Lofa County -Lofa is a county in the northernmost portion of Liberia. One of 15 counties that constitute the first-level of administrative division in the nation, it has nine districts

Lofa County

Lofa is one of Liberia’s far northern Counties; it finds the border s between Liberia, Guinea, and Sierra Leone.  The county has nine districts. Its provincial capital is Voinjama City, the seat of the local government.  The county’s area is measured 3, 854 square miles (9,982 sq. km}.  By 2008, Lofa has a population of 276863 people according to the national census and thus making the third most populated county in Liberia.

Lofa County is bordered by Bong County to the south, to the west Gbarpolu County, Northwestern region is the Republic of Sierra Leone and the northeastern is the Republic of Guinea.

Lofa County is one of Liberia’s natural breadbaskets.  As accustomed everywhere in Liberia, subsistence rice farming is highly intense in Lofa.  Besides the dry land farming, the Lofans grow cassava, sweet potatoes, yams, eddoes, potato greens, collard greens, bitter balls, katilis, peppers, sugarcane, plantains, bananas, coffee, cacao, beans and other variety of vegetables and wheat.  The people of Lofa also produce a huge quantity of red palm oil.

The largest mountain in Liberia, Mount Wologizi lies in the north central region of the county.

Voijama

Voijama is the provincial capital of Loaf County. The city is located in the mountainous northern region of Lofa. The population of Voijama is 26,594 people according to the national census of 2008. Image result for lofa countyDuring prewar Liberia, Voijama City was a busy crossroad town with huge weekly market setting dominated by the local people and commuters from the Guinean and Sierra Leonean border towns and villages.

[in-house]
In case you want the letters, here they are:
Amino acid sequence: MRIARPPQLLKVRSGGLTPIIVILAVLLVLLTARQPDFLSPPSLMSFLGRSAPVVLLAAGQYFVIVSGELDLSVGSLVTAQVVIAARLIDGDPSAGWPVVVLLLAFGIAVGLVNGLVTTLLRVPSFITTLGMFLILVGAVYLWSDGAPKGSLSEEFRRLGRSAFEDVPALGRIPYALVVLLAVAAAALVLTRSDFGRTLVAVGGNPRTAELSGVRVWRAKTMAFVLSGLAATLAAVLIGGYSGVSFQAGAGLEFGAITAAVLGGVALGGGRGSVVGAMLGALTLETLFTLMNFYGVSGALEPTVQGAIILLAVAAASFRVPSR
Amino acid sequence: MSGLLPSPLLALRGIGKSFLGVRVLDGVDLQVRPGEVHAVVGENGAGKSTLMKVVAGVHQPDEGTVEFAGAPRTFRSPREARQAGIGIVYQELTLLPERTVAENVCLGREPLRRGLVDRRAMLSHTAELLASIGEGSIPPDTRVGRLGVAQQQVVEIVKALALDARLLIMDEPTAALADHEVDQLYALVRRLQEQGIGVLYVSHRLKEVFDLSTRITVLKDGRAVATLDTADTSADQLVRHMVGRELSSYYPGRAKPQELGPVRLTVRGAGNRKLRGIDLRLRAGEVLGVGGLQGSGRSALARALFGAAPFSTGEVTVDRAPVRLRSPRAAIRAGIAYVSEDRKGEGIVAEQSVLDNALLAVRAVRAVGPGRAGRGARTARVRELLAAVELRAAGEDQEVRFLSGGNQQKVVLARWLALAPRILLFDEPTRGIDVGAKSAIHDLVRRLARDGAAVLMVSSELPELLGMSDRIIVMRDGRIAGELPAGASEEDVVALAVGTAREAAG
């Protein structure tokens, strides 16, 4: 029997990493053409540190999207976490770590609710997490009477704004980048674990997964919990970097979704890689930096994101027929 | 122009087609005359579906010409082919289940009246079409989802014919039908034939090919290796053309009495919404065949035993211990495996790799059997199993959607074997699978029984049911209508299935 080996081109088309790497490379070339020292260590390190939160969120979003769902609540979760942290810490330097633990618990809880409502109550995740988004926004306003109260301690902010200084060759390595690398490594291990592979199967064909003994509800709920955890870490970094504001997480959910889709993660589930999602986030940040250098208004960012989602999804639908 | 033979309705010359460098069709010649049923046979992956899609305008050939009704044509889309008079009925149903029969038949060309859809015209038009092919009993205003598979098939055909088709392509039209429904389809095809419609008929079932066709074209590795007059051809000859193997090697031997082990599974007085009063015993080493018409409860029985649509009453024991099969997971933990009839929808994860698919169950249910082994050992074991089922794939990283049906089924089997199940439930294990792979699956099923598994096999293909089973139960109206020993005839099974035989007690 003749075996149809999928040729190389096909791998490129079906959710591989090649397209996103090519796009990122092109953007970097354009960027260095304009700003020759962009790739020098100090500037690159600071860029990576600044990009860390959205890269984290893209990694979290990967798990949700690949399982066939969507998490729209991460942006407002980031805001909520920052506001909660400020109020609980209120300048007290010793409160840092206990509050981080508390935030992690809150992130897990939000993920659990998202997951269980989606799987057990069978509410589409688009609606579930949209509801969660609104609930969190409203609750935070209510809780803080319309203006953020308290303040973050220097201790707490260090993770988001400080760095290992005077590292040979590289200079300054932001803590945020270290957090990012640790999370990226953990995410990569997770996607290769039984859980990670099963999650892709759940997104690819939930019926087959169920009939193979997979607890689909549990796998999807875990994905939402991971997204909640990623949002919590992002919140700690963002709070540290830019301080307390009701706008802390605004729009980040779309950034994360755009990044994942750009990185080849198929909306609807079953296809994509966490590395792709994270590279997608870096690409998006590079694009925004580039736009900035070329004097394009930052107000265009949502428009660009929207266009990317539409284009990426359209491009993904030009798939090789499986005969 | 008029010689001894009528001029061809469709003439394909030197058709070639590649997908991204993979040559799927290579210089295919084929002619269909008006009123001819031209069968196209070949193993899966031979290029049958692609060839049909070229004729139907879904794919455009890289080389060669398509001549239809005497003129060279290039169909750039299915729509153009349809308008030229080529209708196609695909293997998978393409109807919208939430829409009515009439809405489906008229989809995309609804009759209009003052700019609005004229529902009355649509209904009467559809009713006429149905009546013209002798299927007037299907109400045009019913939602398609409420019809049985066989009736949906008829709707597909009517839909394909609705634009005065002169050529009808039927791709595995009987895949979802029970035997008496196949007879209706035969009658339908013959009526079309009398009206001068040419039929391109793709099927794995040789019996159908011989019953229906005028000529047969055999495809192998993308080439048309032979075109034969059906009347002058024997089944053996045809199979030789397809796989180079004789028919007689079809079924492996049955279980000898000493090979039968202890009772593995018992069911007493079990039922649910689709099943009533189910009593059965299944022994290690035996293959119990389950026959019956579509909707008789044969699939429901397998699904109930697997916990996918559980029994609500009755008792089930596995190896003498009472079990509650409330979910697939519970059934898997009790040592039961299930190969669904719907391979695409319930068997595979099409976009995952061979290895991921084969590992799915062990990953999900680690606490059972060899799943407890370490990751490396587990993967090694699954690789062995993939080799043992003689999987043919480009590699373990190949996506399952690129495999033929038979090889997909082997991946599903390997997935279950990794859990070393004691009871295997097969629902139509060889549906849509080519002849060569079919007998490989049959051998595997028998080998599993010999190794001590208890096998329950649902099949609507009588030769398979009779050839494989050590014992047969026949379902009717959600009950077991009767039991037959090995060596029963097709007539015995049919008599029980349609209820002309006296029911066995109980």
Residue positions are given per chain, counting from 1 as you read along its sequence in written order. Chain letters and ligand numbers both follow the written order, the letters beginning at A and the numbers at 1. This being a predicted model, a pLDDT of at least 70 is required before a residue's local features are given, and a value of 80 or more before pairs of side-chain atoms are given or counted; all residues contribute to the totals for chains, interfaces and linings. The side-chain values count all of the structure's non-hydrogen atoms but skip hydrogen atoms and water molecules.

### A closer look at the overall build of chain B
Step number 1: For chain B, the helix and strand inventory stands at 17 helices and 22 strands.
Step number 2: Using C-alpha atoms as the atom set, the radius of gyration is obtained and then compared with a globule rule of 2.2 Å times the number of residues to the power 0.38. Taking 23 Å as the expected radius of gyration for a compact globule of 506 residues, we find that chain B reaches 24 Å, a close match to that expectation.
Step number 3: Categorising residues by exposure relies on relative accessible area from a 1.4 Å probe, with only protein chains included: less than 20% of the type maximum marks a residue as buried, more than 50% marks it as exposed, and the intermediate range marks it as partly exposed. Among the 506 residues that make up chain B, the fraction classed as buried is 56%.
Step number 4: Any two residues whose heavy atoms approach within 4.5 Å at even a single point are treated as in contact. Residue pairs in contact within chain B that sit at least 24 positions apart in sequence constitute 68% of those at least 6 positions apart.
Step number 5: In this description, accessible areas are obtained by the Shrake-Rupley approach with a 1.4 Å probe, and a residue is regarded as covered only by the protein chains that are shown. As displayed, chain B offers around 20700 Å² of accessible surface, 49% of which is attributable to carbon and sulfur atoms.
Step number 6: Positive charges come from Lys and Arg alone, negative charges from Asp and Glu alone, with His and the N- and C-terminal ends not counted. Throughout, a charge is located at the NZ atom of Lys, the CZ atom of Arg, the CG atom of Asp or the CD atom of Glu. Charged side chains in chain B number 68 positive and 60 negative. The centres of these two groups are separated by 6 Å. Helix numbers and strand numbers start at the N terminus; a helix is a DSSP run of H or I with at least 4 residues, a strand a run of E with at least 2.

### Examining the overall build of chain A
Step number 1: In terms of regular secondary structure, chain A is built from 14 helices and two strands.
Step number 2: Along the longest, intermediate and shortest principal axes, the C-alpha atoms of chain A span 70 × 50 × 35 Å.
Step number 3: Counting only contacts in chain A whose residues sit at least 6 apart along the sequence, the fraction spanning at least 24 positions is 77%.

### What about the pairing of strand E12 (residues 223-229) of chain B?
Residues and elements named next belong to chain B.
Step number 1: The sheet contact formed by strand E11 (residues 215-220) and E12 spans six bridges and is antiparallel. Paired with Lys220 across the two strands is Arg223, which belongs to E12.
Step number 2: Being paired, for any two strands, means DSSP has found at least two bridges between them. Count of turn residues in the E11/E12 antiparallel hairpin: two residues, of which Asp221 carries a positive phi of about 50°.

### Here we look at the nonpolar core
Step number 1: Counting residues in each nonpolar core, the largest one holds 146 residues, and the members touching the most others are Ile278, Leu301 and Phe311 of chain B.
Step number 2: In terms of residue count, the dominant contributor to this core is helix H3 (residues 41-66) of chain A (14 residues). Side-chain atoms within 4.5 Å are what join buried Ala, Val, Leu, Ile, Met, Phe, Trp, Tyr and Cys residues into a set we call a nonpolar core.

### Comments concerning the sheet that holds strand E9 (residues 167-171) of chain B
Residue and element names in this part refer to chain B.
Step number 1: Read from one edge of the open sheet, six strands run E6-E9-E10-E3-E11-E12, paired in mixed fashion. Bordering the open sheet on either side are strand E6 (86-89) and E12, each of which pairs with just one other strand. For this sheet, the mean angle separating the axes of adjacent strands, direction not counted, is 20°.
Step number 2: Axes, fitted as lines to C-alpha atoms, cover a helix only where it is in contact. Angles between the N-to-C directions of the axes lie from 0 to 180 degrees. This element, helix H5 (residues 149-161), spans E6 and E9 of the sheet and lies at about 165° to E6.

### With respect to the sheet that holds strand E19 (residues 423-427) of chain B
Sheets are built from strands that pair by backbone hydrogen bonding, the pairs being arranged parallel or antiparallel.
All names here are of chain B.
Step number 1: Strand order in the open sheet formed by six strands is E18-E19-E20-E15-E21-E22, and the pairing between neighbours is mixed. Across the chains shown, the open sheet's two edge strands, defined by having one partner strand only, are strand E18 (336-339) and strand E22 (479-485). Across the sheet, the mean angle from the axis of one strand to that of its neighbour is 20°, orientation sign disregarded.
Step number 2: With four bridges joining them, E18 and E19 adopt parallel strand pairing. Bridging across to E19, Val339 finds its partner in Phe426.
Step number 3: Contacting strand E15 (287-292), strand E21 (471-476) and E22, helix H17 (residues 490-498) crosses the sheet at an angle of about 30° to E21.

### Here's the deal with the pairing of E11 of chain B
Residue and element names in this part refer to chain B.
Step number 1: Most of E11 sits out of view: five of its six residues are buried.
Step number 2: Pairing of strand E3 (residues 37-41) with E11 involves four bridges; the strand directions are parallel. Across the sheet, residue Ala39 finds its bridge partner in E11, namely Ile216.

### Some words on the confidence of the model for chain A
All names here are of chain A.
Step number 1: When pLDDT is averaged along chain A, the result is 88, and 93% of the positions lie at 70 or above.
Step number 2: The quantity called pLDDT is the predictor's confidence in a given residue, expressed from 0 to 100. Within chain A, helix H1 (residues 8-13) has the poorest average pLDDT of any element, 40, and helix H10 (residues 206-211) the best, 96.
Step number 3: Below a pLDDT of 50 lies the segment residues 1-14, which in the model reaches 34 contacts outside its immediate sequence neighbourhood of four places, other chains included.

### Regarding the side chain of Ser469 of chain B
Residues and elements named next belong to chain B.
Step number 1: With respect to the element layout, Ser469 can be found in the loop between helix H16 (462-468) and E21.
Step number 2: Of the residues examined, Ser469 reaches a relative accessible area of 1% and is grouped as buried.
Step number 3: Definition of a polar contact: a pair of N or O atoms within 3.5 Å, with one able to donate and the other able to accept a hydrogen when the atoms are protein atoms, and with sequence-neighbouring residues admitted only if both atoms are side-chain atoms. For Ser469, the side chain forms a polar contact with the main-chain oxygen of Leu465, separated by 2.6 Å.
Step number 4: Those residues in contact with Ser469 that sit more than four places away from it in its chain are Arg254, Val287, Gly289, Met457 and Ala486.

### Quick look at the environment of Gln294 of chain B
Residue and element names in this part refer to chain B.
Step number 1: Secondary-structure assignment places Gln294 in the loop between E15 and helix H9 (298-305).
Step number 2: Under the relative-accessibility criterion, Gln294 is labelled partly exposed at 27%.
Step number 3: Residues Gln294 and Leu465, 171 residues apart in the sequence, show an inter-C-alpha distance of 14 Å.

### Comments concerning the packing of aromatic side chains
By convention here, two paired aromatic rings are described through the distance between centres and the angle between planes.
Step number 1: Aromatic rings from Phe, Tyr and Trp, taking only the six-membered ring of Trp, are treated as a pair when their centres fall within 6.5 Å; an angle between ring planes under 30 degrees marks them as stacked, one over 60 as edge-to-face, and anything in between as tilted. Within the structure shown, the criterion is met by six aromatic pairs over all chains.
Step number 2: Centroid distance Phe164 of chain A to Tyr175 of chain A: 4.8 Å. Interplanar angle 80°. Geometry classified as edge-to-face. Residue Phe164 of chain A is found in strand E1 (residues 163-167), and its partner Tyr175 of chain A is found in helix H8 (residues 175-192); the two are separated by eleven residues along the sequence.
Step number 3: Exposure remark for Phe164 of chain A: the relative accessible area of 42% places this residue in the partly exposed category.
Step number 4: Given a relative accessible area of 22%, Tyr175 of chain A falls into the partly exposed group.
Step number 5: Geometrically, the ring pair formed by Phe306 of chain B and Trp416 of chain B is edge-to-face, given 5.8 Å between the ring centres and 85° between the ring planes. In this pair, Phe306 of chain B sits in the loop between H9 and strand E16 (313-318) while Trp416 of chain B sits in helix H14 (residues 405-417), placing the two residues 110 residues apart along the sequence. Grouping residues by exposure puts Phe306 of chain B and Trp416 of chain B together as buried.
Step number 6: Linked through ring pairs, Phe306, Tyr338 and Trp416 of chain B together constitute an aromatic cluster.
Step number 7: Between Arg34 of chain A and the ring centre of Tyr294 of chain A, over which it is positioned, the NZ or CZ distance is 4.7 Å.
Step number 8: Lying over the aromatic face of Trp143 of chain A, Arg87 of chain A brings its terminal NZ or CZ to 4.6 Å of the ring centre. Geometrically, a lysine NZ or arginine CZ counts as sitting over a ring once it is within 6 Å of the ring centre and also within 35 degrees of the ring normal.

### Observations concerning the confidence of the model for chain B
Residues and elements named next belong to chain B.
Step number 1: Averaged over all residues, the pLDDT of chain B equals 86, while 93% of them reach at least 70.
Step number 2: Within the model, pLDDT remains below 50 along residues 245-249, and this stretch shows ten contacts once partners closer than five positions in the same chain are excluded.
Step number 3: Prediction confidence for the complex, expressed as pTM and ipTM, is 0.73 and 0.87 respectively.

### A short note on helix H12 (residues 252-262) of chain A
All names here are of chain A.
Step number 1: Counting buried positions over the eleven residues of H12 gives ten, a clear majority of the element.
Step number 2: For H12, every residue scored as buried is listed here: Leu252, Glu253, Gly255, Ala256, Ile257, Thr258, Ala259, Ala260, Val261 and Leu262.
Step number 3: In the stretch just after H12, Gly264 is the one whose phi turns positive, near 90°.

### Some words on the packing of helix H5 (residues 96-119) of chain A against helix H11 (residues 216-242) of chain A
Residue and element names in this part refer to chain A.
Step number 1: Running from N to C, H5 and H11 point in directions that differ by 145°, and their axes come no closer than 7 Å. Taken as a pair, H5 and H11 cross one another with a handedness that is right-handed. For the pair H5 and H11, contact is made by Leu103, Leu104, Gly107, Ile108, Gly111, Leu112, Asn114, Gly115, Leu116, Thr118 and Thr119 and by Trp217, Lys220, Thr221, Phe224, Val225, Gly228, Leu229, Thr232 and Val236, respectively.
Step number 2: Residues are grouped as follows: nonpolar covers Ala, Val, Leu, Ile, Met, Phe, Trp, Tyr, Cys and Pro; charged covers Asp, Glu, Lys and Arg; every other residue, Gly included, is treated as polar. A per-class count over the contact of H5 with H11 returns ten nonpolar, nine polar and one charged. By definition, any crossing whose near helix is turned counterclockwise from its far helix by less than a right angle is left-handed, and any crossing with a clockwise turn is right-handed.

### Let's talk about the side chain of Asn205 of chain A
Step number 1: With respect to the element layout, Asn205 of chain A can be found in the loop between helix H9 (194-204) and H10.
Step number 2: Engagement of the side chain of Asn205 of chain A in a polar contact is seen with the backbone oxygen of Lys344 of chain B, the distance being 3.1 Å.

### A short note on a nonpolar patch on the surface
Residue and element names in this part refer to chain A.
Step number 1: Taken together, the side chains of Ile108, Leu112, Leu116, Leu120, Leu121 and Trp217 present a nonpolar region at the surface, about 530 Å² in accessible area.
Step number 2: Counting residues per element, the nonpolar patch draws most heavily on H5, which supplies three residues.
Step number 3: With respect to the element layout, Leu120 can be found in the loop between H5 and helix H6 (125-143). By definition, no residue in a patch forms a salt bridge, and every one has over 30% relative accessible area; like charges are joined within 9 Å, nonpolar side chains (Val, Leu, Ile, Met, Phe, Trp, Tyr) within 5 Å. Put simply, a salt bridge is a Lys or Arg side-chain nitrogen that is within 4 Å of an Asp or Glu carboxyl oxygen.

Voijama as the seat of the local government of Lofa, hosts local officials, representatives of local and international non-governmental organizations (NGO)as well as business houses.  The Liberian civil war badly affected Voijama; homes, business houses, churches and mosques, schools, government offices, etc. were looted or burned down.  By 2005, the United Nations Regional Agency reported that the roads leading to Voijama had decayed and overgrown by dense bush and that they were inaccessible by vehicles except by foot.

The principal occupation of most of the people in Voijama is subsistence rice farming on dry land and the production of cassava, sweet potatoes,  potato greens, collard greens, peppers, bitter-balls, Red Palm Oil, palm nuts, coffee, cacao, etc.  Palm wine is also produced by local people for socialization and traditional settings.  If the industrial people of Voijama need any assistance, it will be agro tools to put their farming skills on a footing for greater food production.

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